Research on technology in social studies education
Title: Research on technology in social studies education
Authors: John Lee, Adam M. Friedman
Publisher: Charlotte, NC : Information Age Pub., c2009
Call no.: LB1584 .L396 2009
From the Publisher:
Despite technology’s presence in virtually every public school, its documented familiarity and use by youth outside of school, and the wealth of resources it provides for teaching social studies, there has been relatively little empirical research on its effectiveness for the teaching and learning of social studies. In an effort to begin to fill this gap in research literature, this book focuses on research on technology in social studies education. The objectives of this volume are threefold: to describe research frameworks, provide examples of empirical research, and chart a course for future research endeavors. Accordingly, the volume is divided into three overarching sections: research constructs and contexts, research reports, and research reviews.
The book is divided into four sections. The first section of the book includes three descriptions of research constructs and contexts in social studies and technology. The second section is focused on research reports from studies of student learning in social studies with technology. The third section contains research reports on teachers’ pedagogical considerations for using technology in social studies. In the fourth and final section, we present work that broadly reviews and critiques research in focused areas of social studies and technology. This volume contains twelve chapters, each of which focuses on social studies content and pedagogy and how the field is affected and enhanced with technology. The volume includes research and theoretical works on various topics, including digital history, digital video, geography, technology use in the K-12 social studies classroom, and artificial intelligence.
About the Authors
John Lee is associate professor of social studies and middle grades education in the Department of Curriculum and Instruction of North Carolina State University. He serves as the co-editor of the social studies section of Contemporary Issues in Technology and Teacher Education and is the K-12 editor for the Journal of the Association for History and Computing. For nine years he taught middle and high school social studies. His publications have appeared in Social Education, Social Studies International Forum, Theory and Rescarch in Social Education, the Journal Computing and Teacher Education and the International Journal of Social Education among others. He conducts research on digital history and the development of pedagogical content knowledge.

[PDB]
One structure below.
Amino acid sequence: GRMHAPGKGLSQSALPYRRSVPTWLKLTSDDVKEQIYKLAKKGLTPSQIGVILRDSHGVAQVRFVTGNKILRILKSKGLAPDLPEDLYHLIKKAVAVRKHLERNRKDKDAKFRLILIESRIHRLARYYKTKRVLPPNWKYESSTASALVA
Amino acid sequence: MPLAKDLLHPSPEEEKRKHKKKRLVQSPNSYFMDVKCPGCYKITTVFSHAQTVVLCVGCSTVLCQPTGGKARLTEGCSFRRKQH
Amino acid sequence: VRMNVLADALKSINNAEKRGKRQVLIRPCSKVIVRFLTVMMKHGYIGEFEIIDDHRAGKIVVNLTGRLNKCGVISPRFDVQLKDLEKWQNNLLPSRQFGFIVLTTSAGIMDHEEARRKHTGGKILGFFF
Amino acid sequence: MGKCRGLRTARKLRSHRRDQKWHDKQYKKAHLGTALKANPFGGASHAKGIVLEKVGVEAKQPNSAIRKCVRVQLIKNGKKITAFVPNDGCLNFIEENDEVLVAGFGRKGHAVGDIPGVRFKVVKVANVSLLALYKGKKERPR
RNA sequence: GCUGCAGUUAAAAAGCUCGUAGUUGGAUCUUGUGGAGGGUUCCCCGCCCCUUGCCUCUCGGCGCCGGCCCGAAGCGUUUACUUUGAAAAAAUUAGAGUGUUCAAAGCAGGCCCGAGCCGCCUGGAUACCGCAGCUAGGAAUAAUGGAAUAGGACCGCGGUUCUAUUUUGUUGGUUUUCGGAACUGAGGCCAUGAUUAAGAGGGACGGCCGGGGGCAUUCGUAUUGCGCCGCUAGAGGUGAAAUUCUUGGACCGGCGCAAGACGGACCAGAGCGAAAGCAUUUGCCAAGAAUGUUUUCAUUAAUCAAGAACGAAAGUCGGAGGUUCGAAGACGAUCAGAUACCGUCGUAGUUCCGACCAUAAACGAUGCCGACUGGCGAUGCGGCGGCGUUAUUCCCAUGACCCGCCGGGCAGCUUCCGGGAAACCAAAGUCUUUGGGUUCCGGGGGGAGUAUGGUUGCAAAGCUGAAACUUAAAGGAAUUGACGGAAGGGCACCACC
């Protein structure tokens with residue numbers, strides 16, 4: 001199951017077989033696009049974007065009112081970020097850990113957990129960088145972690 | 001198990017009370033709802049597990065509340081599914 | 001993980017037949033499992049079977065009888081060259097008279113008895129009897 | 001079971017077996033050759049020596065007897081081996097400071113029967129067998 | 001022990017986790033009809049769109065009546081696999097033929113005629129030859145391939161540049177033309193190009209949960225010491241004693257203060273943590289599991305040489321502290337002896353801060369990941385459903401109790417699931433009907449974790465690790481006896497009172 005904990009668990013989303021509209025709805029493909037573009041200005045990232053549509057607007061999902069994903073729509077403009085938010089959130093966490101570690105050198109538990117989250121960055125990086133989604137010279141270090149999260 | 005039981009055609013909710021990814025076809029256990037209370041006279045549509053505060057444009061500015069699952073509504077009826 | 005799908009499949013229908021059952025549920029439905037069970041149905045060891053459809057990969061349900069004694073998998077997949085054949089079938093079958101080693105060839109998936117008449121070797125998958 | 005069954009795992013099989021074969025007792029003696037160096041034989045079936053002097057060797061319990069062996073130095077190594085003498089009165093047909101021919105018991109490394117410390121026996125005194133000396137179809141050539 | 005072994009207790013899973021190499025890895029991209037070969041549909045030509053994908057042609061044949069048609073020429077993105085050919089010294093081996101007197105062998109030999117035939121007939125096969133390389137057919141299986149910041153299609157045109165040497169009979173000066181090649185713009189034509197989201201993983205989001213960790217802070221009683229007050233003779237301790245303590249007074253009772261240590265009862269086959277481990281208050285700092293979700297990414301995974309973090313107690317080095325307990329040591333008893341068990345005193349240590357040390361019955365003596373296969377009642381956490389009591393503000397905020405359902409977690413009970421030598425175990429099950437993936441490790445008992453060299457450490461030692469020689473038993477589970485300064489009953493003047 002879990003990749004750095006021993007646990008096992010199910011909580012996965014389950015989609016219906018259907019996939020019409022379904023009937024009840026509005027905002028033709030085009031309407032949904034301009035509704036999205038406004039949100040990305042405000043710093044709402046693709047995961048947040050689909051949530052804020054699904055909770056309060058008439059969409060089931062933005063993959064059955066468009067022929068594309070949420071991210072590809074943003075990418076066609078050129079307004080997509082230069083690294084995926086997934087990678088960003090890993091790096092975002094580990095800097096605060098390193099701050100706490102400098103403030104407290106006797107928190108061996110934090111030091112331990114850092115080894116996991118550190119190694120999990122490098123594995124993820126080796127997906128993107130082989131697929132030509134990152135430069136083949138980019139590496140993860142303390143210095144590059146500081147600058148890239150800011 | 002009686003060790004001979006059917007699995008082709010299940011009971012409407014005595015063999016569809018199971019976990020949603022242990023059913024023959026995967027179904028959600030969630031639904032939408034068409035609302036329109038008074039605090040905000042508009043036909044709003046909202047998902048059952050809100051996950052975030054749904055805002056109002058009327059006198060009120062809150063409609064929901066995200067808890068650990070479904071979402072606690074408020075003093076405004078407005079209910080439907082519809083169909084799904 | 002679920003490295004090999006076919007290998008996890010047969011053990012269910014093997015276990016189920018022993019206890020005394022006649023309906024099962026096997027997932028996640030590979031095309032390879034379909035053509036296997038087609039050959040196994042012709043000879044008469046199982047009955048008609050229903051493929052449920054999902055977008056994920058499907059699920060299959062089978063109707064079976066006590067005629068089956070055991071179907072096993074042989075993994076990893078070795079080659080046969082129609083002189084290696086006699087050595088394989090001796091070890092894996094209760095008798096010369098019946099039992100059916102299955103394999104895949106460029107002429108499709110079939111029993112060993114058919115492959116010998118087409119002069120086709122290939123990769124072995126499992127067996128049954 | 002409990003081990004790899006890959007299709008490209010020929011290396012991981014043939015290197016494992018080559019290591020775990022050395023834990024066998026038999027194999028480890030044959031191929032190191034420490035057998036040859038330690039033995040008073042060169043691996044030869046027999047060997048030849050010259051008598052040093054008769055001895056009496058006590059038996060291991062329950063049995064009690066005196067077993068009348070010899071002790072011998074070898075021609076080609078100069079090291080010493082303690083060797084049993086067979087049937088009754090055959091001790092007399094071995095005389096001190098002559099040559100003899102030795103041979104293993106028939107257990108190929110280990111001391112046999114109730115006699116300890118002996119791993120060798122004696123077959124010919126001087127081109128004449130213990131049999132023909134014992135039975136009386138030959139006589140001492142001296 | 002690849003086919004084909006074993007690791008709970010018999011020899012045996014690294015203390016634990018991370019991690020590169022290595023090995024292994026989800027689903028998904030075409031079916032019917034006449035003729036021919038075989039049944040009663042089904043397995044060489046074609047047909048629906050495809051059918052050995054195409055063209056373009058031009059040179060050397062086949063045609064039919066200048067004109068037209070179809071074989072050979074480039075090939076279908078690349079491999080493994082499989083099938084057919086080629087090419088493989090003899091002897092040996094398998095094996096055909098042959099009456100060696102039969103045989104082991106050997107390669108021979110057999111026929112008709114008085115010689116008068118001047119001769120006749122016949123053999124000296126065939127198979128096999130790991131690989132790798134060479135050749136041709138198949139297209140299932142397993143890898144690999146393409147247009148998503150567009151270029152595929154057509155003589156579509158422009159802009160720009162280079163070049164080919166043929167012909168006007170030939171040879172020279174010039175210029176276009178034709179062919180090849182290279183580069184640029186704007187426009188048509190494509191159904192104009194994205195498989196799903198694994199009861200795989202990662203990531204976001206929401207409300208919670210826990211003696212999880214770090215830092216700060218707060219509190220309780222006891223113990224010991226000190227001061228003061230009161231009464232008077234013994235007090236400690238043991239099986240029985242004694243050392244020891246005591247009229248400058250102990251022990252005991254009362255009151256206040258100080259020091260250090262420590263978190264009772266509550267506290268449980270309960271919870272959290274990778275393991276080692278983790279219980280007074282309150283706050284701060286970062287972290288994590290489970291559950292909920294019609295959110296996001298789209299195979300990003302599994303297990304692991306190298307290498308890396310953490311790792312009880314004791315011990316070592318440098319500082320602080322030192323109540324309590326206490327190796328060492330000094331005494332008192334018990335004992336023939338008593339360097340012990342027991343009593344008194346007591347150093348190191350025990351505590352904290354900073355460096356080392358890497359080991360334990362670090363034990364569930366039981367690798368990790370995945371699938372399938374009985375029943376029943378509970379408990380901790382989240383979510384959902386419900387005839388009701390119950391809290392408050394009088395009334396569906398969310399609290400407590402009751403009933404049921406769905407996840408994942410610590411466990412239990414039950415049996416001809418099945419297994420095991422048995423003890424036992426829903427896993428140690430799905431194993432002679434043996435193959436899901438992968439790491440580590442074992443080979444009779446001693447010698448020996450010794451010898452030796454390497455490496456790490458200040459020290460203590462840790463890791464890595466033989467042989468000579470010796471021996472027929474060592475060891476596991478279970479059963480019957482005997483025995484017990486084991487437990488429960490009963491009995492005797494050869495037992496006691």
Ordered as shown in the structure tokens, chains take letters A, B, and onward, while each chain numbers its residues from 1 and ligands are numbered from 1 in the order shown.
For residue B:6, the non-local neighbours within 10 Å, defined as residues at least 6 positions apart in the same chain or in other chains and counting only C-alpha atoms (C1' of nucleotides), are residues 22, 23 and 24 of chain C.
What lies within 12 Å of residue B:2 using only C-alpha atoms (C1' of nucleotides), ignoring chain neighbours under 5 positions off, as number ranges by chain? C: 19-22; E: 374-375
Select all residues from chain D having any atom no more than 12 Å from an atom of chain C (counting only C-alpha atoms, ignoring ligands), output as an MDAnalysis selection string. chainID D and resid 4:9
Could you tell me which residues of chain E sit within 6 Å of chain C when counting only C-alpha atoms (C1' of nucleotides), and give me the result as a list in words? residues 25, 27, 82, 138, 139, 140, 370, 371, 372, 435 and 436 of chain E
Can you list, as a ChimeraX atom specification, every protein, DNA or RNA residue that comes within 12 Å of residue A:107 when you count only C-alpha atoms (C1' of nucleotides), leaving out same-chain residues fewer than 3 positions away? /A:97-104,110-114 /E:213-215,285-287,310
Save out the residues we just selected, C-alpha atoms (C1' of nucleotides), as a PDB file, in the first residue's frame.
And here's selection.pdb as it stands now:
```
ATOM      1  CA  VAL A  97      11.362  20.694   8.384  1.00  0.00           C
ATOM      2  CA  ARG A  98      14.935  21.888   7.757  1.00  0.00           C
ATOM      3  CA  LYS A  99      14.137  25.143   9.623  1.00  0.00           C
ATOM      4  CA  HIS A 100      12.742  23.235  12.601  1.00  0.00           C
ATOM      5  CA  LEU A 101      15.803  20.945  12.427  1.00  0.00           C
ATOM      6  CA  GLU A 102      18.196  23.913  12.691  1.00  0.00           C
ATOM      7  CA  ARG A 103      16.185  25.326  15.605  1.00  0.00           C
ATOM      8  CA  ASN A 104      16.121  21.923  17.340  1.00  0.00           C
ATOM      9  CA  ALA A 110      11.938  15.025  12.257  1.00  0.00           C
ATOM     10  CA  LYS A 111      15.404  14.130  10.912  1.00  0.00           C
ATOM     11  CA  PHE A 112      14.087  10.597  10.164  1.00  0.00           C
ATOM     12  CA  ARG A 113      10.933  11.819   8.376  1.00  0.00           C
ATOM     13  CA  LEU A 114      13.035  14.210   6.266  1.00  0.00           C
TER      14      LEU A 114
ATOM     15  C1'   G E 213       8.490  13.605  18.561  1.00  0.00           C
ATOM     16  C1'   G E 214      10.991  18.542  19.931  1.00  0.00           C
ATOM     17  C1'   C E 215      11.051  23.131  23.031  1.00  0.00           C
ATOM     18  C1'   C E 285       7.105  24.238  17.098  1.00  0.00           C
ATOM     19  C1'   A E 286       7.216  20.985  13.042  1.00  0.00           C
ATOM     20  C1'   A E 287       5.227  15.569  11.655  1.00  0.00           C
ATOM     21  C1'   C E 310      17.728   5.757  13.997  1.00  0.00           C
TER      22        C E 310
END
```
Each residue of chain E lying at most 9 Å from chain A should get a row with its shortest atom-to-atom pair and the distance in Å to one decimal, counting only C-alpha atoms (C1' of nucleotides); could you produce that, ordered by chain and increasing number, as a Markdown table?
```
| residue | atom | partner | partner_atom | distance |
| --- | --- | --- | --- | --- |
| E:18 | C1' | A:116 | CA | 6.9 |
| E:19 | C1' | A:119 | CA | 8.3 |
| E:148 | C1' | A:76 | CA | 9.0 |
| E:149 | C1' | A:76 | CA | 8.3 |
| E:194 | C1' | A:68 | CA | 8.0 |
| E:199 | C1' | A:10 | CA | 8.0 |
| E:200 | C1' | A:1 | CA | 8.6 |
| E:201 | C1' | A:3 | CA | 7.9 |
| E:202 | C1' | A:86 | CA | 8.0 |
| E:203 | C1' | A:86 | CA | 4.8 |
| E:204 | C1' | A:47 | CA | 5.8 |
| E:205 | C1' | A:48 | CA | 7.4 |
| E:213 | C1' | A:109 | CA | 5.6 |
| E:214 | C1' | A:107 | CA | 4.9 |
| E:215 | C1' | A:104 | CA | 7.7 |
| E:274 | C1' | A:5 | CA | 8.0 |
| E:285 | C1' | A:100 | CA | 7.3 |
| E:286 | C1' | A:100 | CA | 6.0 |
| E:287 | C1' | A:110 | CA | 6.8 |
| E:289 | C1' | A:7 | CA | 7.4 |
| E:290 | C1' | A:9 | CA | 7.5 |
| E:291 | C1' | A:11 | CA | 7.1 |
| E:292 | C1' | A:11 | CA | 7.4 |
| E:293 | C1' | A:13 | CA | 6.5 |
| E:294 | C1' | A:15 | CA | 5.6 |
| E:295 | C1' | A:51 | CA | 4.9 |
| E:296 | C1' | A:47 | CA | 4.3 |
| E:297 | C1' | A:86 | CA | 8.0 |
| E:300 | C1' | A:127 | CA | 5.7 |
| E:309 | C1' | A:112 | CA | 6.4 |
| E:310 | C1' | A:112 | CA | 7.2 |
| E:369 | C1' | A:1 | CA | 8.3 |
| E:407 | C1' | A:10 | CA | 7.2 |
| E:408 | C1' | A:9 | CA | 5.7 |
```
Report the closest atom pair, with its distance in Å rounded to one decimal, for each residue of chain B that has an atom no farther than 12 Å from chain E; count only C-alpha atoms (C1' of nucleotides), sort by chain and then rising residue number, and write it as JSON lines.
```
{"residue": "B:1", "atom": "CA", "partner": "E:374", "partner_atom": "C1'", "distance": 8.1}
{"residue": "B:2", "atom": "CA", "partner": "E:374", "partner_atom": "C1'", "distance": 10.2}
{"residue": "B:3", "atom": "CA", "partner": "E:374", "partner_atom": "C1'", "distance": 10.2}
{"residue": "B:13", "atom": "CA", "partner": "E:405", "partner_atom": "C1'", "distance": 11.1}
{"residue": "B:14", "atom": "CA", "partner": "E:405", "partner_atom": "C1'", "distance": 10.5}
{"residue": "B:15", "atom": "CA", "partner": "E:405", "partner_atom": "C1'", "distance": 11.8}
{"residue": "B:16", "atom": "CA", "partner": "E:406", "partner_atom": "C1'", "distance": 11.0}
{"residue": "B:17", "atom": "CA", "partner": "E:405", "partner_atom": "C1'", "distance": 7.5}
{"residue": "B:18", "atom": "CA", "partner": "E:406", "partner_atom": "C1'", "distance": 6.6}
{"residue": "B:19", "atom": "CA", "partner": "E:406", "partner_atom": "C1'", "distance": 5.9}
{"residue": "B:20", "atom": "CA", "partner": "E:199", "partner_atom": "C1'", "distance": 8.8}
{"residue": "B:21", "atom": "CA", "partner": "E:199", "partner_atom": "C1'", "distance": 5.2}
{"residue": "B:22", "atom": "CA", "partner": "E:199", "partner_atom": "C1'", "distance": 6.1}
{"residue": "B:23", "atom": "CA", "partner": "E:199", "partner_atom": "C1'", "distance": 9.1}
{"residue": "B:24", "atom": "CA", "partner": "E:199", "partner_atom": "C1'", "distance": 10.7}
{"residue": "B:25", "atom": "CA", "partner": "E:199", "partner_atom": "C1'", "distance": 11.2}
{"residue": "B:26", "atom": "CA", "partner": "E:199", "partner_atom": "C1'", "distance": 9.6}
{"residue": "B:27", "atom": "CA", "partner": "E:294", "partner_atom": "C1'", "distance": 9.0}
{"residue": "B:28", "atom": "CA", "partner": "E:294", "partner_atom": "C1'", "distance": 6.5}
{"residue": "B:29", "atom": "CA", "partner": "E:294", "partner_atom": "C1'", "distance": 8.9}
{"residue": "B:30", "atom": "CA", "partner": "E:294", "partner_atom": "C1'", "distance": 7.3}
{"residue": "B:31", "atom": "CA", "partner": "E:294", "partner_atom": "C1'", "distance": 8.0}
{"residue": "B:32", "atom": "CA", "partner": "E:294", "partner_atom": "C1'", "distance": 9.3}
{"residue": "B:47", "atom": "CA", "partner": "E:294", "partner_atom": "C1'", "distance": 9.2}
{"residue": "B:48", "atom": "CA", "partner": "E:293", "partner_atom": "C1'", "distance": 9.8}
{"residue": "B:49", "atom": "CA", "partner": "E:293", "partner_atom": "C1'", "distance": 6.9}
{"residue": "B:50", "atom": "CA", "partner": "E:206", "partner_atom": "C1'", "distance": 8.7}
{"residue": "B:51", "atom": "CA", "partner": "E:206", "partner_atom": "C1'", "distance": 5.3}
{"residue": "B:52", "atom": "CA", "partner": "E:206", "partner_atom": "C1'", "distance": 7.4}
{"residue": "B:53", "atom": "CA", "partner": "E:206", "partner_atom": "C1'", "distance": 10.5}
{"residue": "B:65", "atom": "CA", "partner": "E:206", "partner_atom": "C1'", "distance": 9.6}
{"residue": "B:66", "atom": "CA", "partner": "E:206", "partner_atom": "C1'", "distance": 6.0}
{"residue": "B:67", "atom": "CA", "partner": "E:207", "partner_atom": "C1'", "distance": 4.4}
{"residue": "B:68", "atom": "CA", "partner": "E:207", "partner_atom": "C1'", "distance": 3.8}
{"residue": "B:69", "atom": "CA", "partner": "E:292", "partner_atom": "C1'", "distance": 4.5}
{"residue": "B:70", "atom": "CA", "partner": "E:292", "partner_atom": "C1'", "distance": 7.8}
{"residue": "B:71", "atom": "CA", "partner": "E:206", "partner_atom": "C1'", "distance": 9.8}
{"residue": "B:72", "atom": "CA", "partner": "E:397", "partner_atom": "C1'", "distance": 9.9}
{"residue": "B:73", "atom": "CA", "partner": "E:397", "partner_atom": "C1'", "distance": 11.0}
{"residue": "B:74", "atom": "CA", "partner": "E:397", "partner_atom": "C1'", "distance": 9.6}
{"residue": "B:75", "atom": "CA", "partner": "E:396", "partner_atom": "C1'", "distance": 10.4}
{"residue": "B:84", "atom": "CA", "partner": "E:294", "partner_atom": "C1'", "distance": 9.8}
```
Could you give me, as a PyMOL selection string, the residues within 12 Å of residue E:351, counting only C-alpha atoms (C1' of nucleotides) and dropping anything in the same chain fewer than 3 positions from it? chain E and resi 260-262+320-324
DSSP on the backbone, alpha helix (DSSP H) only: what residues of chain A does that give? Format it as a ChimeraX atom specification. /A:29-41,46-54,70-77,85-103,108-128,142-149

Adam Friedman is an associate professor of Social Studies Education at Wake Forest University, and was formerly a high school social studies teacher. His research interests focus on the factors that encourage and barriers that impede integration of technology into the K-12 social studies environment as well as teacher education. A particular interest of his is how K-12 social studies teachers use technology, particularly digital history resources. Among his current research projects include:
* The use of mobile technology in social studies education,
* The use of Web 2.0 tools in social studies and citizenship education,
* A North Carolina-wide survey that studies how social studies teachers utilize the Internet,
* The impact of Massive Multiplayer Online Role Playing Games (MMORPGs) on citizenship education,
* A longitudinal study of technology use among College and University Faculty Assembly (CUFA) members.